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Dramatic turnaround for Central Seminary Print E-mail
By Vicki Brown   
Wednesday, December 09, 2009

SHAWNEE, Kan. — Students and faculty at Central Baptist Theological Seminary will have a lot to celebrate on Jan. 1 –- the fifth anniversary of Molly Marshall’s presidency of the 108-year-old institution.

 

This architectural drawing depicts what will be a walkway between new Central Baptist Theological Seminary buildings, including the Baugh-Marshall Chapel.

Since Marshall took the helm, the seminary has turned around — from facing financial ruin to expanding its facilities. Central has moved to a new location, begun new programs, received two major monetary gifts and broken ground for a new chapel since Jan. 1, 2005.

“We were nearly at a point of closing the doors,” Marshall explained in a recent interview. “We had to make hard decisions on property and personnel. It was painful but necessary for sustainability.”

She credits trustees for their insight and nerve, the ability to recognize issues and the courage to make the changes required to keep Central functional and ministry-oriented.

“The board knew they needed someone with ‘trust capital’ here. [She had been a Central professor for nine years.] No one knew how radical some of the decisions were that had to be made,” she said. “I think the board had a lot of confidence in me…. I felt very much that I had been called to this role.”

Marshall added that she had had no personal ambition or desire to become a seminary president. But she “wanted to do what was right for this institution,” she said.

“The board recognized that if we didn’t focus on our compelling mission, there was no point in staying in business,” she said. “The board has moved nimbly” to make the required changes, she added. The “hardest” decision they had to make was to reduce both faculty and support staff by a third.

Leaving the campus that had been the institution’s home in the heart of Kansas City, Kan., for 82 years rated second on the tough-decision meter, the president said. Put up for sale in March 2006, parts of the old campus have finally sold.

Then trustees turned to curriculum and programming changes. Recognizing that Central needed to make its curriculum more accessible, the seminary shifted to include several evening and weekend options. Leaders developed four satellite campuses to reach a broader student body. Two of the original — Milwaukee, Wisc., and Murfreesboro, Tenn. — remain part of the Central family. The school also has increased its online course offerings.

To attract younger students, Central recently began its CREATE program. “We felt there should be new ways to offer theological education to attract younger, creative, out-of-the-box thinkers who might not have come to a seminary offering education in a traditional way,” Marshall said.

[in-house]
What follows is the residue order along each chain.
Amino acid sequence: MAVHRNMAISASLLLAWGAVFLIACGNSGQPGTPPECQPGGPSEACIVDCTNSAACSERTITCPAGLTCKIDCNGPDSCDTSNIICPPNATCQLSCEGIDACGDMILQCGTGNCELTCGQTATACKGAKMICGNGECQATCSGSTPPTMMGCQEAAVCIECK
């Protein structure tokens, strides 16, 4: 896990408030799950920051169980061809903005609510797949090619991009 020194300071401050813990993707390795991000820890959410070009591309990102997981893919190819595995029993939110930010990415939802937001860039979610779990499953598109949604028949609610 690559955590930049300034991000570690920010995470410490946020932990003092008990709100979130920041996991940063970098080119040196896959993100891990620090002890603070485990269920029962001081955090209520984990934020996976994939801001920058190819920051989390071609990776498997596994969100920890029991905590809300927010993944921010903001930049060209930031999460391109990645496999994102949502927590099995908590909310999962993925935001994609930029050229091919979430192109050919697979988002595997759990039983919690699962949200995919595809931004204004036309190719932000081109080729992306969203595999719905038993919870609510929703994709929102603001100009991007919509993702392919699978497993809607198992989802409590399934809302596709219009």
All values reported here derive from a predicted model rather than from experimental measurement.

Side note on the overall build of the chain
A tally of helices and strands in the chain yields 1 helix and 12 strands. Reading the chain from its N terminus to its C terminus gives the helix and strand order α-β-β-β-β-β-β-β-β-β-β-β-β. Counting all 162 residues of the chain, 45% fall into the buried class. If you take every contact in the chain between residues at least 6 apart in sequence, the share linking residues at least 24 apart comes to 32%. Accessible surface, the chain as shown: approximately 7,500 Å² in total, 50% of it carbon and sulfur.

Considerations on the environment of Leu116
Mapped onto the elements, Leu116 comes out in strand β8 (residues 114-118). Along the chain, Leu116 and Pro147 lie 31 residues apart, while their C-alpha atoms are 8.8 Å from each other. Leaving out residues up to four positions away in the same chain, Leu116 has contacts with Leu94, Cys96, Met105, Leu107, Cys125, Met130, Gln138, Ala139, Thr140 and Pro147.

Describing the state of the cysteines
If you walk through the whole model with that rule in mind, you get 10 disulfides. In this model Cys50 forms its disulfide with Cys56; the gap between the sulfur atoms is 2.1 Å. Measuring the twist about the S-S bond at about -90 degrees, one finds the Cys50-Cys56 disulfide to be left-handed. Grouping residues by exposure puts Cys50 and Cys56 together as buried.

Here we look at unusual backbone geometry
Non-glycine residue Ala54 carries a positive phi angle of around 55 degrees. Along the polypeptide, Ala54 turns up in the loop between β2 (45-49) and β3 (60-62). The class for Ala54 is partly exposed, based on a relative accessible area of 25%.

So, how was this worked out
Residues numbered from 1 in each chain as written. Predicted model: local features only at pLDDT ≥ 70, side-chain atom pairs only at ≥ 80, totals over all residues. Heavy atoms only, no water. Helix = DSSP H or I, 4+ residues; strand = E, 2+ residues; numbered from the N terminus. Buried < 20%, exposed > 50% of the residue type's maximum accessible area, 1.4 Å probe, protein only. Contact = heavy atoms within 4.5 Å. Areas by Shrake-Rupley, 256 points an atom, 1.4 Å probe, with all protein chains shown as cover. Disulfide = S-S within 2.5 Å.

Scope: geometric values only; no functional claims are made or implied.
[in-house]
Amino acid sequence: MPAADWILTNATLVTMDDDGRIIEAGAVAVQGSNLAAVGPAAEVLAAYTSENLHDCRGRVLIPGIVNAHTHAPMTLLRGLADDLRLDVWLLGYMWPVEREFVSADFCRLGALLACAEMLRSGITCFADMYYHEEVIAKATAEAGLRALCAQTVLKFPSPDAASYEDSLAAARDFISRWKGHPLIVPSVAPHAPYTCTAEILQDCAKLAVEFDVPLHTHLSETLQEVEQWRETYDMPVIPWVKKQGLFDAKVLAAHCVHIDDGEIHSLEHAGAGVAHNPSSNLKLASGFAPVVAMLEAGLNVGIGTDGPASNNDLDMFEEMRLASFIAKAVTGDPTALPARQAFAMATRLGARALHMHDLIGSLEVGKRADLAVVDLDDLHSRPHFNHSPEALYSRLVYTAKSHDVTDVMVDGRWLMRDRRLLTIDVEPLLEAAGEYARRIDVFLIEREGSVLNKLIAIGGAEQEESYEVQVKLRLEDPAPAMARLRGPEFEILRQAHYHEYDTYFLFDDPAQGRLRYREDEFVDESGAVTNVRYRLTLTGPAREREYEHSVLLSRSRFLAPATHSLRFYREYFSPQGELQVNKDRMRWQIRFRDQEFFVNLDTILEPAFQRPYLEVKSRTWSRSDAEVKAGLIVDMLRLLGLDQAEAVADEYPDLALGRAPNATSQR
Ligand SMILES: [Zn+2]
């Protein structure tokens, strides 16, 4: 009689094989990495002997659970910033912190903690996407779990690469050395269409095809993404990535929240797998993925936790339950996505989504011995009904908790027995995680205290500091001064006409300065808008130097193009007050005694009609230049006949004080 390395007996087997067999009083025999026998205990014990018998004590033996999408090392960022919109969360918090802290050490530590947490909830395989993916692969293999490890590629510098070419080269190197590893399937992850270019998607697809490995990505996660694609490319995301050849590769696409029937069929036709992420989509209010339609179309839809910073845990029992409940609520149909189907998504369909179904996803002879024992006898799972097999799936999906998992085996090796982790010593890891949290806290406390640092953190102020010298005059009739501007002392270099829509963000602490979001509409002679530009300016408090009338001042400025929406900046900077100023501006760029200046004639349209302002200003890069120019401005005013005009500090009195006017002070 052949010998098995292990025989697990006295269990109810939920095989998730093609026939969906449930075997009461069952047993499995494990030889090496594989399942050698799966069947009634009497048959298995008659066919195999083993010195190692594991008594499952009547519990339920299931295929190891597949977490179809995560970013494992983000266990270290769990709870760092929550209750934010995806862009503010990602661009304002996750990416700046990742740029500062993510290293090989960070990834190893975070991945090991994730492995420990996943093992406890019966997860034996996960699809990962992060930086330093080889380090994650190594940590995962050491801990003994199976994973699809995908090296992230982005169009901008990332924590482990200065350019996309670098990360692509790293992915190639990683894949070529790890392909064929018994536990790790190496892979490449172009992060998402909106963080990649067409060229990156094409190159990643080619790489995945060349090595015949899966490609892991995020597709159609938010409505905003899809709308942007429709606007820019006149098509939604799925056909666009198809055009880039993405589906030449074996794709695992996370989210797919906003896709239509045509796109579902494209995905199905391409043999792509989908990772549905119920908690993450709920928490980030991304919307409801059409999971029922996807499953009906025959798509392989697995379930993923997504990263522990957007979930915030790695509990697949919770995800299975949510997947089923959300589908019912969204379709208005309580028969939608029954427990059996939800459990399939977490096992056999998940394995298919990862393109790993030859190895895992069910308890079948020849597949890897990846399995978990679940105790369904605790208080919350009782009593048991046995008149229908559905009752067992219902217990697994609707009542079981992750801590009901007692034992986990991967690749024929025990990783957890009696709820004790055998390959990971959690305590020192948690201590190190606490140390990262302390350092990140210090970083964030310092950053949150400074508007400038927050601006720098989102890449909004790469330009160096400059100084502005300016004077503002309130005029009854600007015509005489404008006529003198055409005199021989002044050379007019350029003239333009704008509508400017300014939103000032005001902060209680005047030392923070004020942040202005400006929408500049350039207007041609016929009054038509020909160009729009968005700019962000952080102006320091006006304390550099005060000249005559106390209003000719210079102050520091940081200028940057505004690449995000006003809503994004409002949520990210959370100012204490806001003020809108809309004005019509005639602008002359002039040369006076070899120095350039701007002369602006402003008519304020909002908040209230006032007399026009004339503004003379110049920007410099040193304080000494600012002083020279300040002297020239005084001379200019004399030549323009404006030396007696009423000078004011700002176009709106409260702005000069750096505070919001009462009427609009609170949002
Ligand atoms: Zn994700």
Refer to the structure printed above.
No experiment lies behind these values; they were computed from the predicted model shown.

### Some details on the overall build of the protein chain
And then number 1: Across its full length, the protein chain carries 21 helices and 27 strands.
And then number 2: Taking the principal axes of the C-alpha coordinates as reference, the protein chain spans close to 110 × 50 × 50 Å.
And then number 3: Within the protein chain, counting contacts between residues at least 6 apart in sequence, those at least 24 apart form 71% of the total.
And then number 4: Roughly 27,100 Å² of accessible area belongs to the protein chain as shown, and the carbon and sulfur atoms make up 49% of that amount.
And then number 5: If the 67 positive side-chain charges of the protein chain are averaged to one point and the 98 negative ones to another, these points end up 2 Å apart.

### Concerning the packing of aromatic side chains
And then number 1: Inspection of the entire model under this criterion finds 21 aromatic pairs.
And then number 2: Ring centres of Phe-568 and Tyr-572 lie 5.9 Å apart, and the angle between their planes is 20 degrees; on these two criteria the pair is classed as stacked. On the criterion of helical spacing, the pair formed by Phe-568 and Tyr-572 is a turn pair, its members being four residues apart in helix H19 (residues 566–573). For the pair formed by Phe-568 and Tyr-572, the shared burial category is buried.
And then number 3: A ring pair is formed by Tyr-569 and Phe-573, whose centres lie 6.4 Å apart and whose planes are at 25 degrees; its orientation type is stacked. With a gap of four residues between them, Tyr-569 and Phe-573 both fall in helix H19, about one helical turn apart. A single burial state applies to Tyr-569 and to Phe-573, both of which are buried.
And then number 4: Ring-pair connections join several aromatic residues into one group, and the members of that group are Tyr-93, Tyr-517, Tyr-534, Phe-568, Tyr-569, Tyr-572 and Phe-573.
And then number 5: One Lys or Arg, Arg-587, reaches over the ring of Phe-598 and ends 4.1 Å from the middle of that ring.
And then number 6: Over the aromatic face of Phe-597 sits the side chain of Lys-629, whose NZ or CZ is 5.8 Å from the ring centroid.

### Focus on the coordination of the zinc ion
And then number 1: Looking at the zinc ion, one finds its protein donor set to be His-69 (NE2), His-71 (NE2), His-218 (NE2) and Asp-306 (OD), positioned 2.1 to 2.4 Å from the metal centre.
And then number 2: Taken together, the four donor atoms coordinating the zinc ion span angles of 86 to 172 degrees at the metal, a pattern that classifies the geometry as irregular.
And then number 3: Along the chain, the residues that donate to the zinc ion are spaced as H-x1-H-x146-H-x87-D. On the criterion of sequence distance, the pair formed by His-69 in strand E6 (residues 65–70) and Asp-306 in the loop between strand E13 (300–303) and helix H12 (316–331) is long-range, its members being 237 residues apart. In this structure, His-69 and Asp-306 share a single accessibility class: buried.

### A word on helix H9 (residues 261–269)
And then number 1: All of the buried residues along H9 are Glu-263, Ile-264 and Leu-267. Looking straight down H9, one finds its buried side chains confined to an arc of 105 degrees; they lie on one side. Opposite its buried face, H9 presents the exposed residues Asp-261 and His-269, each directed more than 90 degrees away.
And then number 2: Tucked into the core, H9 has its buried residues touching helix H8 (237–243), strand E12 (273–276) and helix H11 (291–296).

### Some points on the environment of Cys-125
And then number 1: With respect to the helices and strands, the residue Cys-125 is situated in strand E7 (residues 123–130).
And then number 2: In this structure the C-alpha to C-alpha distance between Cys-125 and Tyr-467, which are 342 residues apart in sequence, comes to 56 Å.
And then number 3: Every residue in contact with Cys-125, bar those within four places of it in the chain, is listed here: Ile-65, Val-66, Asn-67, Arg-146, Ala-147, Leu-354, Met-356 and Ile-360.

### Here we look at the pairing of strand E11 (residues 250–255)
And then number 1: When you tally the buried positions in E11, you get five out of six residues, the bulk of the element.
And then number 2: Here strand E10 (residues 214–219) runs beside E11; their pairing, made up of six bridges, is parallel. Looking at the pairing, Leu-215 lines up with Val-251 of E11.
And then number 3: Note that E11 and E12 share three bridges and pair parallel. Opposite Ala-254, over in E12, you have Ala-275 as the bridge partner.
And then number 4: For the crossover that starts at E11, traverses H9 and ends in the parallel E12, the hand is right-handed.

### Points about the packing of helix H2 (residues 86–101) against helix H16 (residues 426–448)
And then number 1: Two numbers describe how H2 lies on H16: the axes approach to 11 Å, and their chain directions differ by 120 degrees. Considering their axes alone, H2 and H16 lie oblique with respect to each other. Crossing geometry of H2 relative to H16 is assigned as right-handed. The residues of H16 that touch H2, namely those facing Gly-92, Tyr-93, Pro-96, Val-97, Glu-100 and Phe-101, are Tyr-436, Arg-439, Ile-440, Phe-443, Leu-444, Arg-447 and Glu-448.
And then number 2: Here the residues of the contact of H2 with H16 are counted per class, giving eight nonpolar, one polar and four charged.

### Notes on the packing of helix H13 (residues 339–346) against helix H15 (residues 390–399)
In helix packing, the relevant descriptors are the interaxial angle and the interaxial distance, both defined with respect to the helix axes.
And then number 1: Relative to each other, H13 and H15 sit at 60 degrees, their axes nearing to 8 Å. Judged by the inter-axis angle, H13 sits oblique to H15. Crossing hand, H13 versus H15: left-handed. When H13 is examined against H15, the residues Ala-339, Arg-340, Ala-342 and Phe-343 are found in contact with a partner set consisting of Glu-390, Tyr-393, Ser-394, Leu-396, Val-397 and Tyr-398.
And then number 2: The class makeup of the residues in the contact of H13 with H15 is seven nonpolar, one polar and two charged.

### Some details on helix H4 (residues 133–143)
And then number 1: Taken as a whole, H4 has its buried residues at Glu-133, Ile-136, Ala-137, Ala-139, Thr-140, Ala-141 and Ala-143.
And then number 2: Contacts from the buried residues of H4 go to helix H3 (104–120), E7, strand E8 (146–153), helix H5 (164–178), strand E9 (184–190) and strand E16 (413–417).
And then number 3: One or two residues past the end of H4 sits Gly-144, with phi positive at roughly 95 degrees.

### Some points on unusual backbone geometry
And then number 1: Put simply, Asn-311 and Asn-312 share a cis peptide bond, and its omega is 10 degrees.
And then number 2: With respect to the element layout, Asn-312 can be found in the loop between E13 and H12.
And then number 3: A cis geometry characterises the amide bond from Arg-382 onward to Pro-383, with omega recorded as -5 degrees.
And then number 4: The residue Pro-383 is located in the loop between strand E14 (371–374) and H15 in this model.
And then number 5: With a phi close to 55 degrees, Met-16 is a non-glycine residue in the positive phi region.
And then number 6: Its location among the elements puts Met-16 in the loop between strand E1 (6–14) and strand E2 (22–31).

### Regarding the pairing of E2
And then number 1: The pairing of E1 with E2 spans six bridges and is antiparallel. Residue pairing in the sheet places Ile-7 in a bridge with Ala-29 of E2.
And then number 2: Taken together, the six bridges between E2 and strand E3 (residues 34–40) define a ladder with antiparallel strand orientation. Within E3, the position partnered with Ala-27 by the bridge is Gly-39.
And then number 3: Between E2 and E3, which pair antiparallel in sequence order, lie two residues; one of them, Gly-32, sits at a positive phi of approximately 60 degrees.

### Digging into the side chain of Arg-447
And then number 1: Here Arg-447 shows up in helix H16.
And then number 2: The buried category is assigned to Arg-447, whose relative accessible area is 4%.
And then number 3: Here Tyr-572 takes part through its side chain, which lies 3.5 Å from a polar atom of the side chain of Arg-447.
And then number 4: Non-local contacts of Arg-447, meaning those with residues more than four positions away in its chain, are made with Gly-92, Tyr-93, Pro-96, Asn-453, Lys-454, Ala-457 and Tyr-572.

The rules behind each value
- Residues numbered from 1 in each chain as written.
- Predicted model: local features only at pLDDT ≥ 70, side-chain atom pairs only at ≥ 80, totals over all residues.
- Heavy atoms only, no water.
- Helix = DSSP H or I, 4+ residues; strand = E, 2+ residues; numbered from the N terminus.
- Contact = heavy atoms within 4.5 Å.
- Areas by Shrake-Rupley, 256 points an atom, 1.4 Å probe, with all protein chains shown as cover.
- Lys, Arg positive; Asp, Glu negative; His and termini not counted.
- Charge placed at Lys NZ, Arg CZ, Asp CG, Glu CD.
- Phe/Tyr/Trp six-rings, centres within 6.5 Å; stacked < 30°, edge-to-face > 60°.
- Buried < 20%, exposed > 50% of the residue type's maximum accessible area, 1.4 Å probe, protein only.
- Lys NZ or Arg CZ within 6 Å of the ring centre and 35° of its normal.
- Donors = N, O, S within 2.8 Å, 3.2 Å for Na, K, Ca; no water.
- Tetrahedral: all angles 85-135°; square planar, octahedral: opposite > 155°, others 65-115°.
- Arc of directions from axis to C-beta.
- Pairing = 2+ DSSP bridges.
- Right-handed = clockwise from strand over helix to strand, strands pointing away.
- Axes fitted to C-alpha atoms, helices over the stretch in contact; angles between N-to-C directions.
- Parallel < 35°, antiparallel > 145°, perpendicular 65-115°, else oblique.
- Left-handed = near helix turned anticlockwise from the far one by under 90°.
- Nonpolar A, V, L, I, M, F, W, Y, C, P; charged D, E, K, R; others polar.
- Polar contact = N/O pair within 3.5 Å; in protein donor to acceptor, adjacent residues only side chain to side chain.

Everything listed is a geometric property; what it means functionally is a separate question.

Churches face challenging times right now, she added. “The emerging church needs new leaders. It requires creative, skilled problem-solvers and leaders.”

The seminary also is working on a doctor of ministry degree program with a concentration on congregational health, with plans to launch next fall. At its November meeting, the board approved developing a center for women in church leadership.

New ministry projects attract new students and donor dollars, Marshall said. Two years ago, Central began its Urban Core Initiative to teach students to be more missionally appropriate and to minister through class. And about 18 months ago, church planter Wallace Smith joined the faculty and started a new work that meets on campus. The church will officially launch after the first of the year.

Last year, Central began a new partnership with Myanmar Institute of Theology, which includes exchanging students and professors for work at both schools.

Keenly aware that change and growth requires dollars, Marshall has devoted considerable time to fundraising efforts. “I’ve learned to love fundraising because I get to see people at their best,” she said.

Those efforts have paid off in two sizable gifts. The largest gift in the institution’s history came last year when funds from the sale of Des Peres Baptist Church, St. Louis, were distributed. The American Baptist Churches USA-affiliated congregation disbanded in December 2006. The $2.2 million Central received endowed a chair in congregational health, established a resource center in the seminary library and set up an initiative for ministerial preparation for students from St. Louis.

A recent $2 million gift from the John and Eula Mae Baugh Foundation of San Antonio, Texas, will fund the Baugh-Marshal Chapel. The seminary broke ground for the facility on Sept. 11.

Marshall acknowledges that she has fun as president, too, and draws satisfaction from it. “It’s been personally satisfying to help a school renew its mission, to provide very good theological education and to prepare good congregational leaders,” she said.

She added that she is “appreciative of friends among Missouri Baptists” and wants Central to “be the seminary for this region.”

 
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